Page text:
Accordingly, thousands of American citizens of Japanese ancestry were removed from the West Coast to the Heart Mountain Relocation Center near Cody, Wyo. In August 1942, the first Heart Mountain internees began arriving by train from California and Oregon. Two-thirds were Nisei, or American born. Heart Mountain was one of 10 such internment camps around the nation.

By 1943, Heart Mountain had nearly 11,000 residents, making it the third largest community in the state. Elected councilmen were appointed to committees on such matters as health and sanitation, food, resettlement and agriculture. There were schools and a weekly newspaper. A hospital with seven doctors and four dentists was opened, along with two movie theaters.

After Pearl Harbor, Japanese-Americans were exempted from the military draft. But in 1944, even while being detained, they became eligible again. The contradiction was not lost at Heart Mountain, where protestors formed the Heart Mountain Fair Play Committee. The group encouraged young Japanese-American men to avoid the draft until their civil rights status was clarified. During the war, sixty-three defendants were tried and convicted of draft evasion. Seven more members were subsequently prosecuted and sent to federal prison for conspiracy.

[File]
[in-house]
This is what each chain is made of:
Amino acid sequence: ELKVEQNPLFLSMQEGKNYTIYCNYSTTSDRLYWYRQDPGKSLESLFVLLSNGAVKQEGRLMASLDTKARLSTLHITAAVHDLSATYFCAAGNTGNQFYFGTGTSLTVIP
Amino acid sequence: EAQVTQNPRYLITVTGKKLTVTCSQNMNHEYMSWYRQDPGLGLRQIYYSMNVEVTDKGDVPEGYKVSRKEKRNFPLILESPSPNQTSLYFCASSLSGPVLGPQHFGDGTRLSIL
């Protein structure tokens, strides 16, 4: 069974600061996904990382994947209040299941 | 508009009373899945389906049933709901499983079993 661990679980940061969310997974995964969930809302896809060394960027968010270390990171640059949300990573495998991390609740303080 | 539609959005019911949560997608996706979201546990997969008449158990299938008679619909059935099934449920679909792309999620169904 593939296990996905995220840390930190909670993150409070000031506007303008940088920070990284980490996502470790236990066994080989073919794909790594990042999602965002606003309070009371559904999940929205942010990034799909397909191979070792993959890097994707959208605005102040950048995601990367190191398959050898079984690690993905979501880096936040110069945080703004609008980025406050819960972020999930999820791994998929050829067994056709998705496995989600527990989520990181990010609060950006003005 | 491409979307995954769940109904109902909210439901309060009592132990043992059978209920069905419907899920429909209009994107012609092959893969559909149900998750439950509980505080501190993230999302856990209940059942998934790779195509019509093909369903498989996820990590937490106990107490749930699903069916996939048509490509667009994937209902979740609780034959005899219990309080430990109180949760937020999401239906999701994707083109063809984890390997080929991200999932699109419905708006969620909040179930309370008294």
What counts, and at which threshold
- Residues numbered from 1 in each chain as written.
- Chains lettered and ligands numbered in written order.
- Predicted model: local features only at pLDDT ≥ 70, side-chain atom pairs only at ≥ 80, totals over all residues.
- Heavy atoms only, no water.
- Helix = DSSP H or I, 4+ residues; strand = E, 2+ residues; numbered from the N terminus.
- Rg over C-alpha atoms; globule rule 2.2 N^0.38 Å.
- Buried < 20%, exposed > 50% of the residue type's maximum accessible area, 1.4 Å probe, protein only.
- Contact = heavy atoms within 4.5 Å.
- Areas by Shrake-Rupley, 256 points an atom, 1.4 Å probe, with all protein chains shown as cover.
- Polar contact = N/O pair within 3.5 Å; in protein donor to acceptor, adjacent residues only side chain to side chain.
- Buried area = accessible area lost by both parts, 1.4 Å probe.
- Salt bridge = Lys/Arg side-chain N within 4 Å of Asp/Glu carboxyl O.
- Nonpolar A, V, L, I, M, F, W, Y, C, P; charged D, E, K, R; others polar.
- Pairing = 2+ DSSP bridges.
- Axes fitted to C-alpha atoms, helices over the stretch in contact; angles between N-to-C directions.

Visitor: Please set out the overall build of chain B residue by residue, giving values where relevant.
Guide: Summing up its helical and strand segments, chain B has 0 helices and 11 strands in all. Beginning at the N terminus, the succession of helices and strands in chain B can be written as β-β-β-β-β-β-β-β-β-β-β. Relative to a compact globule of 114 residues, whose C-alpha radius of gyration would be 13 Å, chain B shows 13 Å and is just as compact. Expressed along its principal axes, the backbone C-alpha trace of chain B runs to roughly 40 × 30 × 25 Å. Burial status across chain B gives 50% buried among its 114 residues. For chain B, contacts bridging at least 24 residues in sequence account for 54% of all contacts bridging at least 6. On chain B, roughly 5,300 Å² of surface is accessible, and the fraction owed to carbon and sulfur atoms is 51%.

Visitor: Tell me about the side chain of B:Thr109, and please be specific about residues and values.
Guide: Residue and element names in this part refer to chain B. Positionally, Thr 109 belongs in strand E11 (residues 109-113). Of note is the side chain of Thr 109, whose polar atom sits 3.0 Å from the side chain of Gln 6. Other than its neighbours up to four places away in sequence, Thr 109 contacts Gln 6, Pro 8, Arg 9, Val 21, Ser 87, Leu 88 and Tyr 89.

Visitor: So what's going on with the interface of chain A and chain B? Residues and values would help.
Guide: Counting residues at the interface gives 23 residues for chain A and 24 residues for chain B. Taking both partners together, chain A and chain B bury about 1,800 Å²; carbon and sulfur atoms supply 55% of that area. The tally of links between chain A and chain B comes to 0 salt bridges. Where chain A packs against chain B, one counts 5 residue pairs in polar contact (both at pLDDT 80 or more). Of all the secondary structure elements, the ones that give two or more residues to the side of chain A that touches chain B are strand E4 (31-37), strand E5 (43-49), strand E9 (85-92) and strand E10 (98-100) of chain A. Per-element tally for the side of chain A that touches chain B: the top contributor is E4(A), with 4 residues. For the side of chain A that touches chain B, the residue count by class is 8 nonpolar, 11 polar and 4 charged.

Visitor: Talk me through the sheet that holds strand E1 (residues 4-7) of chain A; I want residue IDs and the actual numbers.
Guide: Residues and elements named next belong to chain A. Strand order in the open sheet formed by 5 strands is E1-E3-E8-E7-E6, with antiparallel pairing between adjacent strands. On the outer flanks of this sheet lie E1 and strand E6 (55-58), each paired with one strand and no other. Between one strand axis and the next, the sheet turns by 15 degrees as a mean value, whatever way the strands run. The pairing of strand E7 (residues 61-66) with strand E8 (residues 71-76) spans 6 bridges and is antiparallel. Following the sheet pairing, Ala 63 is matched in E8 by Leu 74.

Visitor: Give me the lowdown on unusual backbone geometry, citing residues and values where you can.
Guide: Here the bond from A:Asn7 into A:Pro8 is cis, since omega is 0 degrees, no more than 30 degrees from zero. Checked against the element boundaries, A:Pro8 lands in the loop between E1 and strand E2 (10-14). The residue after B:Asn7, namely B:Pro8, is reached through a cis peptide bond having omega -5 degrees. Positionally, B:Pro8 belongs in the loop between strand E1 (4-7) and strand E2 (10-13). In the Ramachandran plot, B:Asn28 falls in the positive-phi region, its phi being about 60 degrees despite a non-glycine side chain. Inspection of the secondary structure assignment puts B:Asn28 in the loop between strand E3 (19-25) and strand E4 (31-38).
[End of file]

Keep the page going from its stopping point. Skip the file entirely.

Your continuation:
But others served with distinction in the Armed Forces and two received the Congressional Medal of Honor. Eleven Heart Mountain servicemen were killed during the war and 52 wounded.

In January 1945, the Sheridan Press commented, “The splendid record of the Nisei fighters who have gone from our concentration camps into the army might well serve to remind overzealous Americans that skin pigmentation in itself is not a badge of disloyalty.”

The last internees left the center on Nov. 10, 1945.

Resources

For further reading

Illustrations

  • The photo of the store window display is from the Ludwig-Svenson Studio Collection at the American Heritage Center at the University of Wyoming. Used with permission and thanks.
  • The photo of the war-bond banner is from the Schulte Family Collection at the Casper College Western History Center. The photo of the B-24 and control tower at the Casper air base is from the Chuck Morrison Collection at the same archive. Both are used with permission and thanks. No exact date for the war-bond photo is available. “Fantasia,” shown showing at the America, was released in selected cities late in 1940; a shorter version was released more widely beginning in 1942.
  • The photos of the Kemmerer scrap metal drive, the two girls on the big gun and the soldiers in the hangar at the Casper air base are all from Wyoming State Archives. Used with permission and thanks.